About two thirds of the $100 billion is needed for new infrastructure and about a third for maintenance of existing infrastructure. Action continues to accelerate. The Deloitte on Africa: African Construction Trends Report 2013 found that some $222 billion was being invested in African infrastructure on known projects at 30 June 2013. According to the report, top sectors (rated by value) were energy and power (36%), transport (25%), mining, real estate and water, followed by oil and gas.


Development is strongly concentrated in Southern and East Africa. Of projects underway, 38% were located in Southern Africa, 29% in East Africa, 21% in West Africa, 7% in North Africa and 5% in Central Africa. Bigger projects include Tanzania’s Bagamoyo port, the Mombasa to Mabala standard gauge railway line, Ethiopian Renaissance dam, Addis Ababa-Djibouti railway, the Lamu Port-South Sudan-Ethiopia Transport Corridor project, Ugandan Farm-down Geothermal Plant, Ghana’s Akyem mine project (Newmont) and the Ghana National Gas project.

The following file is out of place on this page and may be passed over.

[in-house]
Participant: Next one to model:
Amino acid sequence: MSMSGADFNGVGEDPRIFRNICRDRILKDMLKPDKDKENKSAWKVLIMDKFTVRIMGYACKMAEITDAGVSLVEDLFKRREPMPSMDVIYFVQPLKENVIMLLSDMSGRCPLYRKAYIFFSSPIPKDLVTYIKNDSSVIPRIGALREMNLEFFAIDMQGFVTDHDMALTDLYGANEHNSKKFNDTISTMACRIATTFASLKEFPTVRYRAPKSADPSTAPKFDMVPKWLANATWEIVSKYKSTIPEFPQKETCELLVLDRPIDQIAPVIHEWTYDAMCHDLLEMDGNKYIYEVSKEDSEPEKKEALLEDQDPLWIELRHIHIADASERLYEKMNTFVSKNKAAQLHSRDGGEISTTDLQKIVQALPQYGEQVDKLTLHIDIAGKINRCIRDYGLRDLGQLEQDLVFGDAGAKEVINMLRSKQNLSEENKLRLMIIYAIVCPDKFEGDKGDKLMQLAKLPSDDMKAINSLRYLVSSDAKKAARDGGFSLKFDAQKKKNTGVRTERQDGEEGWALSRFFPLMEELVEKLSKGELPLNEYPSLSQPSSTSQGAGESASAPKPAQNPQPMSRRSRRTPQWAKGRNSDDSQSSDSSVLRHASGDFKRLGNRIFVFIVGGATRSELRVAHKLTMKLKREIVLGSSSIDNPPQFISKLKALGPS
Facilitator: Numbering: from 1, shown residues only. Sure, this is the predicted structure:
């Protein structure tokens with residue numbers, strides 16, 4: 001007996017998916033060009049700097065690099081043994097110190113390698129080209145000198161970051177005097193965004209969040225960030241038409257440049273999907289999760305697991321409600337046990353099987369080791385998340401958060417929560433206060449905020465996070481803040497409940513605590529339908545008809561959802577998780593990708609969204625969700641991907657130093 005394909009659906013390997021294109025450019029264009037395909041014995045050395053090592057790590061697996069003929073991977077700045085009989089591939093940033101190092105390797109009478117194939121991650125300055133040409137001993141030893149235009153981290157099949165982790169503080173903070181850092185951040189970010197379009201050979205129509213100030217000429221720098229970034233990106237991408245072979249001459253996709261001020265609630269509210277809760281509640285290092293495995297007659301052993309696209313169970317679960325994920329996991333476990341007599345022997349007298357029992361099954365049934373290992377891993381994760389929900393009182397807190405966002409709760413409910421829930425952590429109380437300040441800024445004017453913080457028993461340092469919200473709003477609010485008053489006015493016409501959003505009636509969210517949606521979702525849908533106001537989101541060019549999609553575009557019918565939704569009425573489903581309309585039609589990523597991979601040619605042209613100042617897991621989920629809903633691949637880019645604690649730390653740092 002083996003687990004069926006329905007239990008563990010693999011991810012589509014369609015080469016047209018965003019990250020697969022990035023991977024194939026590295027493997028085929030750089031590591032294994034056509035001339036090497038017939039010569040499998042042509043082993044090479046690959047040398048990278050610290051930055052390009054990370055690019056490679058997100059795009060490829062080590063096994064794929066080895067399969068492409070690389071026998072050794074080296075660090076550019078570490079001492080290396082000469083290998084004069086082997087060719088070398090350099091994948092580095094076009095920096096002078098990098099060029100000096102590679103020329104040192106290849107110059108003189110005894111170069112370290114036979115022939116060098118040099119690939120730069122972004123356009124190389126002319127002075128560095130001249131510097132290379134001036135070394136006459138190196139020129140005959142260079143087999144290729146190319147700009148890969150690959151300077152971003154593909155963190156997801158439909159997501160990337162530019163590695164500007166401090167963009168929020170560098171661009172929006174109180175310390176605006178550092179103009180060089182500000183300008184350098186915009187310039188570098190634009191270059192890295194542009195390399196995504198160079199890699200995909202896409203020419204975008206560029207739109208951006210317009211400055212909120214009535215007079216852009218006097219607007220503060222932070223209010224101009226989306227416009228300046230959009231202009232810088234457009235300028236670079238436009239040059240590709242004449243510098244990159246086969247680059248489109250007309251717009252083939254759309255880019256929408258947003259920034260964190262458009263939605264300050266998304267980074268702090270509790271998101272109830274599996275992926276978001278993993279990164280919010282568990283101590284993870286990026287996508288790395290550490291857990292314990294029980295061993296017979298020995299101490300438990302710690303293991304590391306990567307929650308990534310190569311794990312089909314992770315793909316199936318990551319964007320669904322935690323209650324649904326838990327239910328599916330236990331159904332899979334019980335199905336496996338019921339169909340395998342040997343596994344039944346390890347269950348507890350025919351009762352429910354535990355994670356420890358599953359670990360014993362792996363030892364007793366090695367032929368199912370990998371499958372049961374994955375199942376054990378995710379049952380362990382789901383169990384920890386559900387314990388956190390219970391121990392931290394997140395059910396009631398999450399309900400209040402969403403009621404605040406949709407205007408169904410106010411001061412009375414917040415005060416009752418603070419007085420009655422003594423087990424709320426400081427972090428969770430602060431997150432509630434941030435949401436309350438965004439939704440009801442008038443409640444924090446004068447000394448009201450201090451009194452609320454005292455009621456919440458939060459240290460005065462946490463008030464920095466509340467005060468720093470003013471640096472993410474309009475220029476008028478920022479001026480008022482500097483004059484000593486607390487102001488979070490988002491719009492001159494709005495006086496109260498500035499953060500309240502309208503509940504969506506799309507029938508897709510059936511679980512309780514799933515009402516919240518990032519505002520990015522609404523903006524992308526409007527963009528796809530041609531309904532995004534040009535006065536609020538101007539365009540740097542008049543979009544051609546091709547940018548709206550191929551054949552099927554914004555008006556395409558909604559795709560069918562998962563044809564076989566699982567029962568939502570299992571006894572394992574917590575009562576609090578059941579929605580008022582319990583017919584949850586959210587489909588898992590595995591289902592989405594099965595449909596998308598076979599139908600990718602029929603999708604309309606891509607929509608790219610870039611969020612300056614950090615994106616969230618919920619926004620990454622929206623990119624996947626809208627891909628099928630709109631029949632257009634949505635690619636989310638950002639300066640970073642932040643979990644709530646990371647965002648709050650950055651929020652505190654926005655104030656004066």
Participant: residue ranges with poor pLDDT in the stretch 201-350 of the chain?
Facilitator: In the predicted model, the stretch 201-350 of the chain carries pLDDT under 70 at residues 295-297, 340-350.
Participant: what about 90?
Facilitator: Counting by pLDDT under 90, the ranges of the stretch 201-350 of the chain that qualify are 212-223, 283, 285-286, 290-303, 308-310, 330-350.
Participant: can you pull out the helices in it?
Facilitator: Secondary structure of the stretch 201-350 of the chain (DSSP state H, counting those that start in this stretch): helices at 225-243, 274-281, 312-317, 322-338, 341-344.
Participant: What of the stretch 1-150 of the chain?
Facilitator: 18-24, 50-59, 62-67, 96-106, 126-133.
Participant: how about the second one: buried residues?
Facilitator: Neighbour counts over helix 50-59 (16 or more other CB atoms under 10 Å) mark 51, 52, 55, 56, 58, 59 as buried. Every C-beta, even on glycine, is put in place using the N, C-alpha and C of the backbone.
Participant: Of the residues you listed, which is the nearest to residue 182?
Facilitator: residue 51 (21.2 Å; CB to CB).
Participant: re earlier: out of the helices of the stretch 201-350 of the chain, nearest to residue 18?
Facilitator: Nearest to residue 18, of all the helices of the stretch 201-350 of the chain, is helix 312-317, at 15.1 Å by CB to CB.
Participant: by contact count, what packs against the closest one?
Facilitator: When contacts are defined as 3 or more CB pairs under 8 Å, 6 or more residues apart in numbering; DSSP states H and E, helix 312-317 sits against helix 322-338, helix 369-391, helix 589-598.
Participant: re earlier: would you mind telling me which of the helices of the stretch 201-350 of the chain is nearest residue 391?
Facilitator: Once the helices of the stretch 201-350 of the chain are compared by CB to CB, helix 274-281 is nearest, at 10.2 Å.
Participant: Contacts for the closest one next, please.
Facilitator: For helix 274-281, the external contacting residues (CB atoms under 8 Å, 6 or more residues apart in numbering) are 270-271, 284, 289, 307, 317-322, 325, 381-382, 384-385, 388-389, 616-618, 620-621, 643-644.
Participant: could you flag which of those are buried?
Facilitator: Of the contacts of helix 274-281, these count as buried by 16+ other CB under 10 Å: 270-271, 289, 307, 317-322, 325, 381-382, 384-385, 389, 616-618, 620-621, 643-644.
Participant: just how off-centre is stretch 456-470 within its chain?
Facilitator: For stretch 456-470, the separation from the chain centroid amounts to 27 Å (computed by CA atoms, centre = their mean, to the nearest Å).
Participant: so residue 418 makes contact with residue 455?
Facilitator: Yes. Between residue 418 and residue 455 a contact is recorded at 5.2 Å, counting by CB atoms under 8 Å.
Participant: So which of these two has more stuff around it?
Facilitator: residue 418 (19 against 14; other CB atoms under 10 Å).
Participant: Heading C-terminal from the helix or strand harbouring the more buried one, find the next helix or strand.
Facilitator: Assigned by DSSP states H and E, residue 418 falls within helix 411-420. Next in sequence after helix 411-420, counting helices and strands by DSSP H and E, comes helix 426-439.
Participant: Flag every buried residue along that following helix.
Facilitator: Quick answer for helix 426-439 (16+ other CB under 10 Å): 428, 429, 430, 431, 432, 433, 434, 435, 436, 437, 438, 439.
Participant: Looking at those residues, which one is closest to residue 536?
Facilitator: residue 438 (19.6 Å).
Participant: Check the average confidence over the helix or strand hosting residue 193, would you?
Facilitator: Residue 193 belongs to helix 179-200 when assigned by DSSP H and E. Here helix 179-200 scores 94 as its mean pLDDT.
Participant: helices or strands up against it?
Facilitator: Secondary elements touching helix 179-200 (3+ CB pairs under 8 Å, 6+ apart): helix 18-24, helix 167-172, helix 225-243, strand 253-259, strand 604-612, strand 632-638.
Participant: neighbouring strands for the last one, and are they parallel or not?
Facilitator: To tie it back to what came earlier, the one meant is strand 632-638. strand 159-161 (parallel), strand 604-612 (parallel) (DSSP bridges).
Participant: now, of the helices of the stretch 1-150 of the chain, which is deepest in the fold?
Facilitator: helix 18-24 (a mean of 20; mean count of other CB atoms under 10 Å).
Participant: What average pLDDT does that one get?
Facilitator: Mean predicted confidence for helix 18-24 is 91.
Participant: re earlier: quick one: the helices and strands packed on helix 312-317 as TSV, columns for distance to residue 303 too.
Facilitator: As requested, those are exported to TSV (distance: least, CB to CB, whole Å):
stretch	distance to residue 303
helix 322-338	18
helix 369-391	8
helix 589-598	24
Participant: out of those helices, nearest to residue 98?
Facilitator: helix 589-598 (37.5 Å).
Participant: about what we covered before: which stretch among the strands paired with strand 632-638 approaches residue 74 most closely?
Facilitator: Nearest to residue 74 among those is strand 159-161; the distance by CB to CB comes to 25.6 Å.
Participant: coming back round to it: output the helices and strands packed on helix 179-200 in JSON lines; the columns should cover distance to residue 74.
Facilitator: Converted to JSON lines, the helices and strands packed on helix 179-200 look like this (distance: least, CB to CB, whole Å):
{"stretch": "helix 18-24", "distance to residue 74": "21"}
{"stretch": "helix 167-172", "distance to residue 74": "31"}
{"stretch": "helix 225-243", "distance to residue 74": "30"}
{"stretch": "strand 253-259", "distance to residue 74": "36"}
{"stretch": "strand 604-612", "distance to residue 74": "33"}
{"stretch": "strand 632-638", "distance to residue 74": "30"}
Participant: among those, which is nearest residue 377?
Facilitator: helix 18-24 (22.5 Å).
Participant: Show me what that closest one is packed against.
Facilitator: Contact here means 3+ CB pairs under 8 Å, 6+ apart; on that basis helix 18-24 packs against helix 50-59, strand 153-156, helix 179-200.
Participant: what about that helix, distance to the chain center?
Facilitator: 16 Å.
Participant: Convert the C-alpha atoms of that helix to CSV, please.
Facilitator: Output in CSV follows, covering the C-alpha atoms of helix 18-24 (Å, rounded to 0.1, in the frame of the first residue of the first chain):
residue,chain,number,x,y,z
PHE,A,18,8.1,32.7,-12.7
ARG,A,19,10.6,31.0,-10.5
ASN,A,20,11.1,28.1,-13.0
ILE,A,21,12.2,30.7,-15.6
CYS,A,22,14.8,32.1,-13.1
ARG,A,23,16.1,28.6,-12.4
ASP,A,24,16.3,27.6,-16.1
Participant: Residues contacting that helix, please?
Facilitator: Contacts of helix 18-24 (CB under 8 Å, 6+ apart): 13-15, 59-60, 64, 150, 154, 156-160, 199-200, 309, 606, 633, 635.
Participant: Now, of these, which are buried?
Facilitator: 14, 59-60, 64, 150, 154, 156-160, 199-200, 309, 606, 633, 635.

Where does all the funding come from? According to Deloitte’s in-depth analysis, 16% is funded by international development finance institutions (DFIs) and 13% by African DFIs. Some 7% is co-funded by international and African DFIs, while 8% is funded by domestic governments.

Some 15% is funded by Europe and US based stakeholders, 10% by Chinese stakeholders, 11% by private domestic investors and 7% by foreign institutional investors. The balance of funding is provided by Indian based and intra-African funding structures, with a portion of funding data categorised under ‘not disclosed’. DFIs provided an aggregate of 36% of funding.